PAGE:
Hofstadter’s Law – “It always takes longer than you expect, even when you take into account Hofstadter’s Law.”~ “rogersbacon” from, https://www.lesswrong.com/posts/Mt3vtAQGnkA3hY5Ga/eponymous-laws-part-3-miscellaneous
It’s part 3, and it is a nifty collection of serious and whimsical laws. However, I doubt that Stigler is the originator of Stigler’s Law. Sometimes the only reason I write this stuff is to see if I can entice you to go read the thing to which I’ve linked.
But more often I do have a point. I’m wondering, in this case, how much of our urge to create, and our delight in such pithy Laws as Dilbert’s, comes simply from our mind’s desire to find patterns. There are a slew of cognitive biases, (confirmation bias springs to mind as fitting the pattern of my example,) which feel like they arise from pattern matching gone overly Pac Man.
Cognitive biases are systematic patterns of deviation from norm or rationality in judgment, and are often studied in psychology and behavioral economics.~ List of cognitive biases from, https://en.wikipedia.org/wiki/List_of_cognitive_biases
While that may seem blasé, it’s worth a look.
…ok, back? Great.
Now gape dumbfounded at the majesty of a modern image format, SVG mixing a magnificent design, with infinite scalability, dynamic styling and clickable links. Just click on this already:
Hey also, as far as I can tell, the word “blasé” correctly written as a word in English does include the diacritical mark. I wouldn’t have believed you if you’d told me there were any properly English words with accents, but it seems that this is now a thing in the last century or so! (to wit, https://www.quora.com/What-are-the-English-words-that-take-an-acute-grave-accent-or-any-other-diacritics-if-you-prefer )
I was exceptionally lucky to be born into this moment. I got to see what happened, to live as a child of acceleration. The mysteries of software caught my eye when I was a boy, and I still see it with the same wonder, even though I’m now an adult. Proudshamed, yes, but I still love it, the mess of it, the code and toolkits, down to the pixels and the processors, and up to the buses and bridges. I love the whole made world. But I can’t deny that the miracle is over, and that there is an unbelievable amount of work left for us to do.~ Paul Ford, from https://www.wired.com/story/why-we-love-tech-defense-difficult-industry/
This hit me right in the feels. I think I’ve had a larger share of the upsides and a smaller share of the downsides than Ford. But this feels like a good overview of my formative years in tech.
Somewhere I read, “the messiness cannot go into the computer.” That summarizes what I believe is the cause of my neurosis; I’ve spent so many years now taking real-world problems, and real-world interactions with people, and factoring them into computers—and I’m left with the messy parts of the problem stuck in my mind. I’m not sure one can even understand what I’m talking about until you’ve spent 30 years, daily, working on refactoring the fuzzy of the real world into the binary of the computer world. Maybe I can reword it this way:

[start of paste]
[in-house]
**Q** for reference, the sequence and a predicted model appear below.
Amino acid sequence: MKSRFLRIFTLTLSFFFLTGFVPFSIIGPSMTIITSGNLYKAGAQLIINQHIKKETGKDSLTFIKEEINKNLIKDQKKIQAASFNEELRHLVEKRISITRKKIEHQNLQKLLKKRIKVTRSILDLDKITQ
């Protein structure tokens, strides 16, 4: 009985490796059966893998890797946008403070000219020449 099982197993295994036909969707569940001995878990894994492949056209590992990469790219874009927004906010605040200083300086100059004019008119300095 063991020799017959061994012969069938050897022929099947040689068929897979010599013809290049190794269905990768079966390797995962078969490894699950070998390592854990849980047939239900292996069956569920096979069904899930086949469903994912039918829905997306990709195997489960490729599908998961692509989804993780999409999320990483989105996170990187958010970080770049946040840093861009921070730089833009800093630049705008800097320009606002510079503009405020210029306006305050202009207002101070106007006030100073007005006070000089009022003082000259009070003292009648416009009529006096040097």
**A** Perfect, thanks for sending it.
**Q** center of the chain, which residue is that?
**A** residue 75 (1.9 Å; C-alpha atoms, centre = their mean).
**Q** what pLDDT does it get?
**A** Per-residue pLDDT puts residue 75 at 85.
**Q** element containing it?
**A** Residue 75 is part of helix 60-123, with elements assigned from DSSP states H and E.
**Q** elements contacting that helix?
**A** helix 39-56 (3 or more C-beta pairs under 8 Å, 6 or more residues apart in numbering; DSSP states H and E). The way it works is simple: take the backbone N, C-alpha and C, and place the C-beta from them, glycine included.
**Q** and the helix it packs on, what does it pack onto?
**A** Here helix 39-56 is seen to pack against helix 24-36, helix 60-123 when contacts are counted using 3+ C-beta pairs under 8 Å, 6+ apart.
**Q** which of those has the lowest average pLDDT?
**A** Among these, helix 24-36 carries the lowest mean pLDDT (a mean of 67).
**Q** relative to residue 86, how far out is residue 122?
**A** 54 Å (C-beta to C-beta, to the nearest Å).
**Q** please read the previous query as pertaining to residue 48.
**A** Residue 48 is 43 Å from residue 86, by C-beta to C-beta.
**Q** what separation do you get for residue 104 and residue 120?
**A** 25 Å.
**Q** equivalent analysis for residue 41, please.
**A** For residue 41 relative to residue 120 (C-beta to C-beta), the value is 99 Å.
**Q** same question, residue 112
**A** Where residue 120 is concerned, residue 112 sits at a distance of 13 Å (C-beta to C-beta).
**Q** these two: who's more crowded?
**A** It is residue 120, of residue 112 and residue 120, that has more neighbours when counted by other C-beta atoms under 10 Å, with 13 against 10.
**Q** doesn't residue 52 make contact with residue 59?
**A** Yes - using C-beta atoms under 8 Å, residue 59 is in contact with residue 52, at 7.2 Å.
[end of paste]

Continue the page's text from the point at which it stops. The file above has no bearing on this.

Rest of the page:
Computers and brains are very different. I’ve spent decades using my brain to understand computers, work with computers, and program computers.
What if that has fundamentally changed my brain?
How can I possibly pretend that, “what if,” is not utter bullshit…
That has fundamentally changed my brain.
This leads me to the point I wish above all to emphasize, namely, that when a person has reached a given stage of unsatisfactory use and functioning, his habit of ‘end-gaining’ will prove to be the impeding factor in his attempts to profit by any teaching method whatsoever. Ordinary teaching methods, in whatever sphere, cannot deal with this impeding factor, indeed, they tend actually to encourage ‘end-gaining.’ The instruction given to the golfer of our illustration to keep his eyes on the ball is typical of the kind of specific instruction given by teachers generally for the purpose of eradicating specific defects in their pupils, and, as we have seen in this case, this instruction was a stimulus to him to try harder than ever to gain his end, and so to misdirect his efforts worse than ever.
~ FM Alexander, The Use of the Self, pp66-67, 1932 (emphasis added)
I think there’s a lot more context necessary for that to make sense. One could go read the book; It’s small. But setting that aside for the moment.
Alexander raises the important point that what feels right may in fact be wrong. So the harder I try to do something correctly, by trying to do what feels right, the more likely I am to reinforce doing what is wrong. This starts to make more sense once I understood that the Brain is a Multi-layer Prediction Model. Once something is modeled incorrectly—when I move this way, it feels right—it’s going to be really difficult to change that model.